Tuesday, August 30, 2022

Mildred Pierce: A Review


This review is part of the Summer Under the Stars Blogathon. Today's star is Jack Carson.

Mildred Pierce is the highwater mark in the career of Joan Crawford, though it also has some outstanding performances from the cast en masse. A tale of misguided maternal devotion, Mildred Pierce will both touch the viewer and warn one of the dangers of loving someone too much.

A murder has taken place in a luxurious beach house, with the victim, society vagabond Monte Baragon (Zachary Scott) uttering "Mildred".  It is not long before a whole slew of suspects starts popping up. Could it be Mildred Pierce (Joan Crawford), the victim's estranged wife? What about their business partner, Wally Fay (Jack Carson)? There's Mildred's ex-husband Bert (Bruce Bennett)? Maybe even Mildred's loyal assistant Ida (Eve Arden)? 

As the police investigate whodunit, Mildred tells her story. Mildred and Bert were struggling financially, and his affair with Mrs. Biederhof (Lee Patric) did not help their marriage. Both loved their daughters Veda (Ann Blyth) and Kay (Jo Ann Marlowe), but Veda is slowly devolving into a spoiled snob. 

Mildred needs a job and soon becomes a premiere waitress for Ida. With some help from her frenemy Wally, Mildred gets a property from Monte and opens a successful restaurant, though Kay dies before the restaurant opens. It is not long before Mildred and Monte begin a romance, but she is highly troubled by Veda's growing greed and snobbishness. It's gotten to where Mildred is working herself to death to keep Veda in a lifestyle that she's grown accustomed to. Veda's voracious nature ultimately leads to murder and tragedy for many.

Mildred Pierce was Joan Crawford's comeback after being forced out of Metro-Goldwyn-Meyer and finding a new home at Warner Brothers. This is probably her most celebrated performance, and rightly so. Crawford embodies a mixture of strength and vulnerability, equally able to mourn her daughter and pushing away the various wolves surrounding her.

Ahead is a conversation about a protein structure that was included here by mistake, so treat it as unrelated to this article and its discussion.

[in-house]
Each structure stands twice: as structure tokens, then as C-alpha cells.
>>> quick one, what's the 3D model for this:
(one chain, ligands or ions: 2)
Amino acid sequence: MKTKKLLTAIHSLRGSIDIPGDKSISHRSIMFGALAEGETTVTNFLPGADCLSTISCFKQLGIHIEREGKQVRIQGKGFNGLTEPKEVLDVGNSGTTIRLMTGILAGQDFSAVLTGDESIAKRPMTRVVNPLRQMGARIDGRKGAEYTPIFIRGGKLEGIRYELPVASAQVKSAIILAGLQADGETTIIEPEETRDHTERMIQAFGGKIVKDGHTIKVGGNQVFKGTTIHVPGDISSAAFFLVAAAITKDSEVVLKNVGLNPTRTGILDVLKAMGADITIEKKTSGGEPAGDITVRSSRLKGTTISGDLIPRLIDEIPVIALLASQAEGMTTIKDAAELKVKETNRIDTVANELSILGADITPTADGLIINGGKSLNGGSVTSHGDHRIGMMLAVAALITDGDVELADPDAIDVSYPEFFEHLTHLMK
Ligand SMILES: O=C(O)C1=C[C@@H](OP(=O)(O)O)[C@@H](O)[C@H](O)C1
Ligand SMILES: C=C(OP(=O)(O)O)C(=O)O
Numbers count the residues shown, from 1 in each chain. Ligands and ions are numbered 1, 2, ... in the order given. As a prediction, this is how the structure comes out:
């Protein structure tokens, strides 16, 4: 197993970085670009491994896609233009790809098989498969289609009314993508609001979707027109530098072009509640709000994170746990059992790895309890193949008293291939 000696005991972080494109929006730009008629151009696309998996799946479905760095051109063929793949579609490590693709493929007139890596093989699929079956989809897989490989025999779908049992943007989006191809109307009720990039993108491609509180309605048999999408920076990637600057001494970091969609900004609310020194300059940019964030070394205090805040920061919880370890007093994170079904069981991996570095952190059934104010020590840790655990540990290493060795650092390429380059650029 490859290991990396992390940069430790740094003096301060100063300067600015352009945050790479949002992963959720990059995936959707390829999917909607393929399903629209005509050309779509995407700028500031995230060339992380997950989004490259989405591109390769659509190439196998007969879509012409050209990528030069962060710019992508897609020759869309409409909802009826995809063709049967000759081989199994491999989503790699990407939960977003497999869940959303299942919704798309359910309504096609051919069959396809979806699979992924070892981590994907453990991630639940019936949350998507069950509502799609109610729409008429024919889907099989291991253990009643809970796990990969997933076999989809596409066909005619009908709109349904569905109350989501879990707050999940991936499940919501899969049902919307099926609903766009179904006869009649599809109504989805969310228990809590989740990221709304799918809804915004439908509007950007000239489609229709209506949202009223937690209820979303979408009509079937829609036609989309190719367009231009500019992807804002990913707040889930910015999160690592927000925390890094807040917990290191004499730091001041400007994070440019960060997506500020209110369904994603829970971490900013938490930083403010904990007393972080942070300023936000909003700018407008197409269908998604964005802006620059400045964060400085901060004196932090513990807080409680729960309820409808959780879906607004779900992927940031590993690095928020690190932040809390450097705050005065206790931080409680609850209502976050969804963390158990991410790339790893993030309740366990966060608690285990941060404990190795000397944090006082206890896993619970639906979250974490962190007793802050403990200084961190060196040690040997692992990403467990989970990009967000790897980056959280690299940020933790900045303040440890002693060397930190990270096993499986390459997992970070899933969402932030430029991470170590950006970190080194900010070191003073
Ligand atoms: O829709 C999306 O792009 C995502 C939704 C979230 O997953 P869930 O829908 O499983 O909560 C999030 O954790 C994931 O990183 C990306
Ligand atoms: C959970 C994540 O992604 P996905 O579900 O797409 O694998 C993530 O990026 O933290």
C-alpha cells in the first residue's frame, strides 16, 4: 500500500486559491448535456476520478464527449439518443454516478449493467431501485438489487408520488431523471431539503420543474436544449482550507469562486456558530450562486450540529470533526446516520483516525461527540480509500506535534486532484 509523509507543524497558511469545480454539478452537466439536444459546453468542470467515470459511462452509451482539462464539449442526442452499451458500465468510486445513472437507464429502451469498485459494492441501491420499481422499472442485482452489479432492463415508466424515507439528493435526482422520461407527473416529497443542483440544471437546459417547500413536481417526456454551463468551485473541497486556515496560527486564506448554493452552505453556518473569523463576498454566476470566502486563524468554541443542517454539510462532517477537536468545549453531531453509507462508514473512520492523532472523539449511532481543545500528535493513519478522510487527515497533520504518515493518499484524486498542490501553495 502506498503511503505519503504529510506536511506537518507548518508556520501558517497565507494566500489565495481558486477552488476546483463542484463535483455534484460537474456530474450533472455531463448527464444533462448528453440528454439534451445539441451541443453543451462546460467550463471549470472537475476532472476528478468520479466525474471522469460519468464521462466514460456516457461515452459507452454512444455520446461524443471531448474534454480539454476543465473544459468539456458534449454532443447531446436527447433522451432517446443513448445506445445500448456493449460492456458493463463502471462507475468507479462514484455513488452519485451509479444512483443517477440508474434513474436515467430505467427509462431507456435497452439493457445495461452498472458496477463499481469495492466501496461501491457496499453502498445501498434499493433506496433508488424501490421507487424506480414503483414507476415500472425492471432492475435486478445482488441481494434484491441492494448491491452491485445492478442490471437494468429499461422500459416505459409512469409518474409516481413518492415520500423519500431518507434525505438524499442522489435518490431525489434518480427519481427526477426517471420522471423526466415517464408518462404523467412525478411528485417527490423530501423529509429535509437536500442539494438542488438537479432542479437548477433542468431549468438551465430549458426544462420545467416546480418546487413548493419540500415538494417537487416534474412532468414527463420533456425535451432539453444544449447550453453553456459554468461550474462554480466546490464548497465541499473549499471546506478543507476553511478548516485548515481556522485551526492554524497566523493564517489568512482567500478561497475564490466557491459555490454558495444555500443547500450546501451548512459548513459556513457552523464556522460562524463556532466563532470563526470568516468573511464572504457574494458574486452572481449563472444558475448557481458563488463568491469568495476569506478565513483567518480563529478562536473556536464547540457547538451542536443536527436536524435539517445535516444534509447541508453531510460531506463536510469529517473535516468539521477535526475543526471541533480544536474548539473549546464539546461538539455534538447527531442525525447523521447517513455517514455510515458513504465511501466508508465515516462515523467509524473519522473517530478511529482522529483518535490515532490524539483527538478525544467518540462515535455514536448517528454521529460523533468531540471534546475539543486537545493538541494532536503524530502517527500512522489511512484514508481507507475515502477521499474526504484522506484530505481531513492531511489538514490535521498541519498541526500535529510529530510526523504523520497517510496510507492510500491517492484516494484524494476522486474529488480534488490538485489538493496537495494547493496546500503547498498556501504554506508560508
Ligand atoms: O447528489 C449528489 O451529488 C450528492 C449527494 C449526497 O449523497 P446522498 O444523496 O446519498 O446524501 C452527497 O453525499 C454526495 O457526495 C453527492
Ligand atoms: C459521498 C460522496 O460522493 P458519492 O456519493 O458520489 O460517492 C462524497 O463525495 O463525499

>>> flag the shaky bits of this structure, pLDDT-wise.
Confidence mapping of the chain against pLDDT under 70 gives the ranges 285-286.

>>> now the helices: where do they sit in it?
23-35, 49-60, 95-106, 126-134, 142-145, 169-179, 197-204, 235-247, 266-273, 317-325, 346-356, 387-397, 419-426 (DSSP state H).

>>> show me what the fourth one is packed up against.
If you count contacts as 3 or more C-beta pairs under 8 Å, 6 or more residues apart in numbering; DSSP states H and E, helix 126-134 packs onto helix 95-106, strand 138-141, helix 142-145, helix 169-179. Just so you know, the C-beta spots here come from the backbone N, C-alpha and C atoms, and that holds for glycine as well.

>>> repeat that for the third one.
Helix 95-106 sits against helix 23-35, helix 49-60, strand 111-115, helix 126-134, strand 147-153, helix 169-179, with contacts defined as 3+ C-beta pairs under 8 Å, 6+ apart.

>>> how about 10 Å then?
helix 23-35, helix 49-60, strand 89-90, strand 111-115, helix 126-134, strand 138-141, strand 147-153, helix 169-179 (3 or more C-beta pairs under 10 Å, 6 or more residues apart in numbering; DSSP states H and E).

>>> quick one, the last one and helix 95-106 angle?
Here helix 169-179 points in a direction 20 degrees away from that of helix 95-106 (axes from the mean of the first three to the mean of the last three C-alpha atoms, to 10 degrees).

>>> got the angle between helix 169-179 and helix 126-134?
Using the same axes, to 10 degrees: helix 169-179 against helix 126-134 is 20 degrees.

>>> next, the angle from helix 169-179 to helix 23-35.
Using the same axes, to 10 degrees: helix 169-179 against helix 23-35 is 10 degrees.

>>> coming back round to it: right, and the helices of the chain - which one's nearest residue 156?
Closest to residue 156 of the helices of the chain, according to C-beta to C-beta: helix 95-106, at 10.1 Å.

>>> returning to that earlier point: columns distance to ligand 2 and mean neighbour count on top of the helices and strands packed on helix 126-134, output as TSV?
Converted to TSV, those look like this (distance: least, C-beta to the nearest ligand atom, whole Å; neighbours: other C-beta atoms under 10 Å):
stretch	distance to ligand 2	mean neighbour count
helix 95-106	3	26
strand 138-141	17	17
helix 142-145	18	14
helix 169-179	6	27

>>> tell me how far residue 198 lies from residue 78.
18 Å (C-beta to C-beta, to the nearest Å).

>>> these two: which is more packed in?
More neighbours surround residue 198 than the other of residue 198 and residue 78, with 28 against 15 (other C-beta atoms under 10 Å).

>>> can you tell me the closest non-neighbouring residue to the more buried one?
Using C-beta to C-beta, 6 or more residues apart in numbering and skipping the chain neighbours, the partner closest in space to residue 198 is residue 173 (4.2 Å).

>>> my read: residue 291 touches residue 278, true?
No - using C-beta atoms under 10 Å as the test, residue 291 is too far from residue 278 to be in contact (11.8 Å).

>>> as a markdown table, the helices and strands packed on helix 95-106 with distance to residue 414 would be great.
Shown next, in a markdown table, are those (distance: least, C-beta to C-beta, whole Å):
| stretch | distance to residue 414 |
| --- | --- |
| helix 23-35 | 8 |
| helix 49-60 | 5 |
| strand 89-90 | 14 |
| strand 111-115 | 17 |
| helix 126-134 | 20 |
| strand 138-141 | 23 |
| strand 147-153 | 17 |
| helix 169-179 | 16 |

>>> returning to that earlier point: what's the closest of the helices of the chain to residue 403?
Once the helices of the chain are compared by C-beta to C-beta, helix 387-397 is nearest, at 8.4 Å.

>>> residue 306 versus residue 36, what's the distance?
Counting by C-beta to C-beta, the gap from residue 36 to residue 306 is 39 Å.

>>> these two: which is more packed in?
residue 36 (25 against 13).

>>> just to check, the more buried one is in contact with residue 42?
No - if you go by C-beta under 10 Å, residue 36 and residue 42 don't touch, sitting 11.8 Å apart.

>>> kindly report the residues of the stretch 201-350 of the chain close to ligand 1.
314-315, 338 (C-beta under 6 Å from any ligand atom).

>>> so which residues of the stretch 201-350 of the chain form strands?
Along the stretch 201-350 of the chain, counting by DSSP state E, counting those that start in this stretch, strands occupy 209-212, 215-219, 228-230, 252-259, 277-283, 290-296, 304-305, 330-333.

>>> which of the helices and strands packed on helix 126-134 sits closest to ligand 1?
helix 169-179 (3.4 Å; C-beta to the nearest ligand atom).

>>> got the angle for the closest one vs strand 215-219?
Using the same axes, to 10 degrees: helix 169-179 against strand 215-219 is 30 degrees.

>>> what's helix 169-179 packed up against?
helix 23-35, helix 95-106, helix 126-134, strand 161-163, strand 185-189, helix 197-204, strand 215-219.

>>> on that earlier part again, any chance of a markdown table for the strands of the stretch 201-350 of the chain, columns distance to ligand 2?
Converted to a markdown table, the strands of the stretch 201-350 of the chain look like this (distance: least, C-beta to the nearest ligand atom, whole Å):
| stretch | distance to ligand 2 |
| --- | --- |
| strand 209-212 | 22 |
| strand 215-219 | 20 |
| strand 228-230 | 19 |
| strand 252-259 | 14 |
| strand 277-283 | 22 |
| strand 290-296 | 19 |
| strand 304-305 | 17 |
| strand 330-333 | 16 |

Crawford has that steely resolve whenever pushing the sleazy Wally away, but also show deep sorrow at how her love for Veda blinded her until she realized it was too late. Tough and weak, sometimes in the same scene, Crawford reveals this woman in full.

Both Ann Blyth and Eve Arden earned Oscar nominations for Supporting Actress, and each merited the nods. Blyth is the embodiment of evil as Veda, selfish, snobbish, self-absorbed. Her cruelty and manipulative nature come through in Blyth's performance. However, we do have some sympathy for her when she falls on hard times. Arden could let the quips fly, such as her remark that alligators had the right idea about eating their young. However, Arden was not quippy in the comic manner, able to play drama without losing the light touch.

For me, the clear standout apart from Joan Crawford is Jack Carson as Wally Fay. He was primarily known for light comedies, but Mildred Pierce revealed a lesser-used ability to be strong in dramas. In turns charming and sleazy, Carson is helpful and harmful as Wally. Carson easily shifts from one moment helping Mildred finagle Monte in getting the building on the cheap to mercilessly hitting on her. He is both cruel and kind, caring and conceited. Mildred Pierce in my view is Jack Carson's finest performance, and it is a permanent puzzle as to how he did not receive a Best Supporting Actor nomination.

Mildred Pierce is another hallmark in director Michael Curtiz's career. He is masterful in using shadow and lighting to convey story. The slow revelation of who is at the beach house that fateful night is simply brilliant. Curtiz moves the story quickly and smoothly. While most of Mildred Pierce is told in flashback, it is a credit to both Curtiz and screenwriter Ranald MacDougall (adapting the James M. Cain novel) that we soon forget it is in flashback until we are jolted back to the police interview.

Mildred Pierce is a brilliant film, with excellent performances and a smooth flowing story. 


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